For a country that is chronically hit by dry spells and food scarcity, the sight of rainfall brings immense joy. Rain is a sign of abundance and food security. Too much rainfall, on the other hand, is a recipe for concern. Flooding can wash away crops, destroy houses and property and be a threat to humans and livestock.
It had been raining nonstop for three days and water was rising slowly. First it filled out the yard, then covered the verandah area before seeping into the mud and stick house belonging to Ethel Mwaonga. “I woke up to the sound of people screaming and scrambling to get into boats,” Ethel recalls. “I took my baby and a few clothes and ran into a boat.”
The sound of a bell rings out to announce that the school day has just finished at Kathebwe Primary School. It’s a hot, sunny day. Children run outside and start to disperse. Some go home to nearby villages, while others start kicking a ball around on the school field. A third group joins their mothers and younger siblings, who are sitting with a hundred or more flood victims in the shade of a large tree. Since the heavy rains and floods of early March, this school has doubled as an evacuation centre.
Malawi’s border with neighbouring Mozambique has always been fluid. People move freely across the vast land border for trade and marriage. The language spoken in the southern border villages is often a fusion of Sena (spoken by the Sena tribe of southern Malawi) and Portuguese from Mozambique. It is not uncommon to find Malawians in these areas speaking fluent Portuguese and using a Mozambique network on their mobile phones.
The timing could hardly have been worse. Just a few weeks before Malawi’s staple maize crop was due to be harvested, heavy rains swept through the southern part of the country, taking with them the yet-to-be-collected grain, thousands of houses and cutting off access to some areas; dozens were killed.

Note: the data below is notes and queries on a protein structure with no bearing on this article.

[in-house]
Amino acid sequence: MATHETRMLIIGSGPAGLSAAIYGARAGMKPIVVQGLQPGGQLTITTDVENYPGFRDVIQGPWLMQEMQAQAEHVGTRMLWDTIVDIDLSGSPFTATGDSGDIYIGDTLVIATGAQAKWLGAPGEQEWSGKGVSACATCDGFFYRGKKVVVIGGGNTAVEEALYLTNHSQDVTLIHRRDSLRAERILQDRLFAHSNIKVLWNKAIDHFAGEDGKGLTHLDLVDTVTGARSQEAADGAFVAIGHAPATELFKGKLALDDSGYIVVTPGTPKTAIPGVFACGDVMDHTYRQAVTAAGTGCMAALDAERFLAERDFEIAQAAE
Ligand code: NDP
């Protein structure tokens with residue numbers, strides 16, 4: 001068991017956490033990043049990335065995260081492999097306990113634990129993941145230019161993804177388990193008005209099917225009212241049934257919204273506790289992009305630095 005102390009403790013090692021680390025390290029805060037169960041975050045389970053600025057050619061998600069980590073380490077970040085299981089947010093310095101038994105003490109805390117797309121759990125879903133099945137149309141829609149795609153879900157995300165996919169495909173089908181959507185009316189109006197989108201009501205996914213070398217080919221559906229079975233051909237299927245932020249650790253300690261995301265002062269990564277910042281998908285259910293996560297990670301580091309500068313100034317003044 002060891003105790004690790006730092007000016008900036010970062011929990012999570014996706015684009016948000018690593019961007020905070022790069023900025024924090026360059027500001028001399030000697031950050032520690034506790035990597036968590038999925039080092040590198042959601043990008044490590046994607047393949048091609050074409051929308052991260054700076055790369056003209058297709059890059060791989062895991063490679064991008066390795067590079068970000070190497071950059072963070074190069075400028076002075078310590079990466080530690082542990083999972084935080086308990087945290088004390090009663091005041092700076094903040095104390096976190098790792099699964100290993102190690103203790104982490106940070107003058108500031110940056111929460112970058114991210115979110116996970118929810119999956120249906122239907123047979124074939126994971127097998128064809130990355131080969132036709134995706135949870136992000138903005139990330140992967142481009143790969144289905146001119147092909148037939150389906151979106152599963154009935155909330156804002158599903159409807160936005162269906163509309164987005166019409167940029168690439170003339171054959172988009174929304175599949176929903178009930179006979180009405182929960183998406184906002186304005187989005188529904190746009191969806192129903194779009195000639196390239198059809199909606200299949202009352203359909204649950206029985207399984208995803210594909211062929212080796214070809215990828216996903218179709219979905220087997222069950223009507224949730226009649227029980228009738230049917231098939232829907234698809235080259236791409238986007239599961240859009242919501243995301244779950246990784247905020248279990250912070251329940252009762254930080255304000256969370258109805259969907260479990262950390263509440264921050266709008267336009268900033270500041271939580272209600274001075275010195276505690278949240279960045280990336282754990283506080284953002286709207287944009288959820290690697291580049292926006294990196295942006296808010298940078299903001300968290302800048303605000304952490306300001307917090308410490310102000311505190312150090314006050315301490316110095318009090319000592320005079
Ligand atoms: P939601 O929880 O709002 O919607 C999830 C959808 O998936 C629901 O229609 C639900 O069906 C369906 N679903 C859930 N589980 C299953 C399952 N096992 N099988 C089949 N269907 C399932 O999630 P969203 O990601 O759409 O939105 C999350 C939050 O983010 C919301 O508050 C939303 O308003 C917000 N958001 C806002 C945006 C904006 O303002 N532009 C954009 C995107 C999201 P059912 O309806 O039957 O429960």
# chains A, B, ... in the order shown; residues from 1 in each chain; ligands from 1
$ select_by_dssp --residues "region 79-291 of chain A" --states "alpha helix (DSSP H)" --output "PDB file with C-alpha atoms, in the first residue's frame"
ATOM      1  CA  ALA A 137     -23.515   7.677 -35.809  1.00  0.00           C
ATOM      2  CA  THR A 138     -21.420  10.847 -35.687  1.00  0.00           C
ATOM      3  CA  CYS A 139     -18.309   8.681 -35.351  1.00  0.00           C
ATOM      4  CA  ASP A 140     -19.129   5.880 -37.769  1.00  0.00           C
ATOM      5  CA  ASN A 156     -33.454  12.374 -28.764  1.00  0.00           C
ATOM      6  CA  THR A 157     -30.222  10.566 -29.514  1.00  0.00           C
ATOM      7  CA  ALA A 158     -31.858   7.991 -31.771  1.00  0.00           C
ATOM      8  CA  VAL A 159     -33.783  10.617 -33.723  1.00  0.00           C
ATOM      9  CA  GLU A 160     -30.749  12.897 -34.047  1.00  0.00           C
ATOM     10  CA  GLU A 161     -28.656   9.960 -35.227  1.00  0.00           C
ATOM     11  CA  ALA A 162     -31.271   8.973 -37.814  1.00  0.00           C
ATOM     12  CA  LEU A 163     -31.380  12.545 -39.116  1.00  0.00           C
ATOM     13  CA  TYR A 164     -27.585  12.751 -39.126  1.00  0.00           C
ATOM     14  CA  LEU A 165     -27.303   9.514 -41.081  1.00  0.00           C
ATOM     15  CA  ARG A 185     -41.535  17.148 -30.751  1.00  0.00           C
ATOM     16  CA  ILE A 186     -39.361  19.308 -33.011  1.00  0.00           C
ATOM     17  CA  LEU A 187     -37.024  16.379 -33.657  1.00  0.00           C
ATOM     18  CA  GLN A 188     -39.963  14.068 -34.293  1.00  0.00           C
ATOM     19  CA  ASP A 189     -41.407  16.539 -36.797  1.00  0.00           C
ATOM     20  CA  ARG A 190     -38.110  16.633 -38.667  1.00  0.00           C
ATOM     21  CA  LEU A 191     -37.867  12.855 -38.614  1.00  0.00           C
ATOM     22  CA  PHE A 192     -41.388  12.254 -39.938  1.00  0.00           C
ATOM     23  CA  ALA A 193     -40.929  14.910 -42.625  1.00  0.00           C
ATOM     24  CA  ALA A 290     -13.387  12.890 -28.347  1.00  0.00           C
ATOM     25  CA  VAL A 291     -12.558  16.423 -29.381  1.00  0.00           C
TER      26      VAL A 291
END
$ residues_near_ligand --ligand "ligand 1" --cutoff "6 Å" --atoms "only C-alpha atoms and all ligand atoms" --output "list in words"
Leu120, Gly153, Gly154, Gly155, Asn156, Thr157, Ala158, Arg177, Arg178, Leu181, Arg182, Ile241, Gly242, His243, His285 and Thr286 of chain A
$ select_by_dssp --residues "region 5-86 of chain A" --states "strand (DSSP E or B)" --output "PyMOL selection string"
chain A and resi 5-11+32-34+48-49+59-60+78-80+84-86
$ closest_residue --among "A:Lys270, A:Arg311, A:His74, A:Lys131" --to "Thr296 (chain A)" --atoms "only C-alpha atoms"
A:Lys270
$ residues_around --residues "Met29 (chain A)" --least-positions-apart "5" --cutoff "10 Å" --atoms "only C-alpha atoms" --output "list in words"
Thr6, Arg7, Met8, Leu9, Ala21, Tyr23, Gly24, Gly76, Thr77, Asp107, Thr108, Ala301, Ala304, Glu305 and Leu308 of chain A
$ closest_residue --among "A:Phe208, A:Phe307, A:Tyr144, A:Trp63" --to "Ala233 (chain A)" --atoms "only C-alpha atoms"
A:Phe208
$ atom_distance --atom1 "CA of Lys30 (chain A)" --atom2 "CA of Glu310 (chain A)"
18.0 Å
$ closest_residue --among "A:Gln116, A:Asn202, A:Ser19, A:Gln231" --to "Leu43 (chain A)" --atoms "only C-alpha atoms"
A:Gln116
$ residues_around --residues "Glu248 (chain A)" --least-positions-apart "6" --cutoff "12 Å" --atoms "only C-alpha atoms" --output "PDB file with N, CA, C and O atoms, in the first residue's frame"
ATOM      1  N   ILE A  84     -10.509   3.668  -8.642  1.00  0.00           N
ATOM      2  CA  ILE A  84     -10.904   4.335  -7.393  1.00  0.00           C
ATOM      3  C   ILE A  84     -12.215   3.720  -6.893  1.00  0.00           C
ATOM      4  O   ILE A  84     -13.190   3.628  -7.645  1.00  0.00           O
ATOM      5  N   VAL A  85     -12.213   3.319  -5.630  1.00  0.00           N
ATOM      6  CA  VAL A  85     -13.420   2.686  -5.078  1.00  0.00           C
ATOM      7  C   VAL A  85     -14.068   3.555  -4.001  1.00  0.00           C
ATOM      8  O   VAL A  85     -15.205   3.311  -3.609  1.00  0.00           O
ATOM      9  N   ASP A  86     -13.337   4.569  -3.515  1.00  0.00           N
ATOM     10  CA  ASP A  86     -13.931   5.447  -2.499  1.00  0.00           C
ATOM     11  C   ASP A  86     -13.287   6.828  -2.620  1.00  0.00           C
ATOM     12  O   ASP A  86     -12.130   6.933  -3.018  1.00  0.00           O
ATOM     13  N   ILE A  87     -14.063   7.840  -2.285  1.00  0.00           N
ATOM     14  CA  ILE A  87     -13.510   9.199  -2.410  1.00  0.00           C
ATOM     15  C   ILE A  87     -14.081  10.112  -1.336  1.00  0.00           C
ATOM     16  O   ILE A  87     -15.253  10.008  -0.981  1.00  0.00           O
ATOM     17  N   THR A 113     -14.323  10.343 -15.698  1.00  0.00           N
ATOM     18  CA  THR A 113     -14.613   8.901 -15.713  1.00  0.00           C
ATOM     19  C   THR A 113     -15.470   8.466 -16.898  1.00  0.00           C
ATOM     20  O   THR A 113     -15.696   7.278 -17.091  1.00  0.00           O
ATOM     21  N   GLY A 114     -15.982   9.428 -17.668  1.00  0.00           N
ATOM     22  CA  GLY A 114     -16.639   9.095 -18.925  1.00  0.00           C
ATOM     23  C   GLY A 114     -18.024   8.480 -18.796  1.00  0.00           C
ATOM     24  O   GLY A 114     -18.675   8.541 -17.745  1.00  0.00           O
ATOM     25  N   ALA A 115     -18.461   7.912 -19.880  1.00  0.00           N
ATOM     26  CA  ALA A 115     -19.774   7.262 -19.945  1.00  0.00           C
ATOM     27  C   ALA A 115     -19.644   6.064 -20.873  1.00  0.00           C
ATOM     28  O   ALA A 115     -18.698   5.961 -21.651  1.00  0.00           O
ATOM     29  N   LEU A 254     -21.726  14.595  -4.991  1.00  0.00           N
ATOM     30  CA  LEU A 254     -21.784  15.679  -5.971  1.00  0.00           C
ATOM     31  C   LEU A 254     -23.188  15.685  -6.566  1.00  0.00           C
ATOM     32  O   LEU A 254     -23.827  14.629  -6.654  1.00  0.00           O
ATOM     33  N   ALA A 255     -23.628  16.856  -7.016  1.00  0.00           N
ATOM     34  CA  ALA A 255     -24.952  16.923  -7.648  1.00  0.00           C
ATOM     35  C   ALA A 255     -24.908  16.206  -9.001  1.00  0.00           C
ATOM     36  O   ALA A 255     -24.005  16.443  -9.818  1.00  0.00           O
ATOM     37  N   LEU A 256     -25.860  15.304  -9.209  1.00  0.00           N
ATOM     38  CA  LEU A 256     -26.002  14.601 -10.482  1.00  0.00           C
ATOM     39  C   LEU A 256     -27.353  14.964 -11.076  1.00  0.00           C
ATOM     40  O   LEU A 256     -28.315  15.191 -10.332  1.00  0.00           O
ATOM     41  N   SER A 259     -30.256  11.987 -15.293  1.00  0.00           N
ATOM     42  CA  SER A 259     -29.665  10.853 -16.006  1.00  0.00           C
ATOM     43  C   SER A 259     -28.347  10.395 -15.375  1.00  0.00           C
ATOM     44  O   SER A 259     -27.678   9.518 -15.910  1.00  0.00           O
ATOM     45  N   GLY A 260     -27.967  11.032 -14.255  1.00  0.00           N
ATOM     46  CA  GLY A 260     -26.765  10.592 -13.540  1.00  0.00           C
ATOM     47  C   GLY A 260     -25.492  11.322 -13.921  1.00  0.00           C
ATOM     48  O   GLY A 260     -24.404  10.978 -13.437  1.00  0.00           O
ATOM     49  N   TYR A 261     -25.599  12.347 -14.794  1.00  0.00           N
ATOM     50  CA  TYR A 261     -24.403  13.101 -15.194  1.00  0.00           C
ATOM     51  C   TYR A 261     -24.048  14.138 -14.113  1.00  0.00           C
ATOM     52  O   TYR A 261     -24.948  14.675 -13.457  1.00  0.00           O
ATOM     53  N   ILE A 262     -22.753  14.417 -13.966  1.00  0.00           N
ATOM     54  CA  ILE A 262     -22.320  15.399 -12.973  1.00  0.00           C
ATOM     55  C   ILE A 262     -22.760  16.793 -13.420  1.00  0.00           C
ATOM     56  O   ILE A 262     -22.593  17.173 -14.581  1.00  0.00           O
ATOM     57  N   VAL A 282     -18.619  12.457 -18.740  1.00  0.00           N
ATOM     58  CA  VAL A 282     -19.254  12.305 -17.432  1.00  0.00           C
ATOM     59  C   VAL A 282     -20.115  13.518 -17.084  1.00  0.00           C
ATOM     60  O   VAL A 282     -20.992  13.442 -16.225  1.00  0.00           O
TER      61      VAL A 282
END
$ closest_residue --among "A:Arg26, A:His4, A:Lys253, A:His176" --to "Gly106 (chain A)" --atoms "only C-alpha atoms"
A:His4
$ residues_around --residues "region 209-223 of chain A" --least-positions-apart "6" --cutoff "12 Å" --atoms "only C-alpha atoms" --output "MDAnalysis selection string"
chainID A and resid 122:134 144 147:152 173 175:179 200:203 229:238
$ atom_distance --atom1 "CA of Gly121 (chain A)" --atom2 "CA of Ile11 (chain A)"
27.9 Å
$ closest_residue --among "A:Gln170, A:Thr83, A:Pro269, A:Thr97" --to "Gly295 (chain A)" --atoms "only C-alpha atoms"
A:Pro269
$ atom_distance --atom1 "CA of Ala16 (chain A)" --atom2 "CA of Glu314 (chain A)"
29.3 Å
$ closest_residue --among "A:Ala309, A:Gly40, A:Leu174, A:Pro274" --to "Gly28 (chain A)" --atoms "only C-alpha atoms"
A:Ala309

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Department of Disaster Management Affairs (DoDMA) and Civil Aviation Authority (CAA) staff analyze a map of the affected area ©UNICEF Malawi/2017/Jacob Nankhonya By Judith Sherman, Chief of HIV/AIDS, UNICEF Malawi At 9 am on 8 November 2017, the Deputy Director of Malawi’s Department of Disaster Management Affairs (DoDMA), Dyce Nkhoma, received a phone call from … Continue reading Testing the use of drones for emergency flood response
A government accountant makes a cash transfer to Paulino Gideon, a beneficiary of the Social Cash Transfer Programme, in Malawi’s Mchinji District © UNICEF Malawi/2016/Amos Gumulira By Maren Platzmann, UNICEF Malawi Working in Malawi has been thrilling since the beginning. I am German, although I grew up in Belgium, close to Aachen. I studied Political … Continue reading My time working on cash transfers for the poorest families in Malawi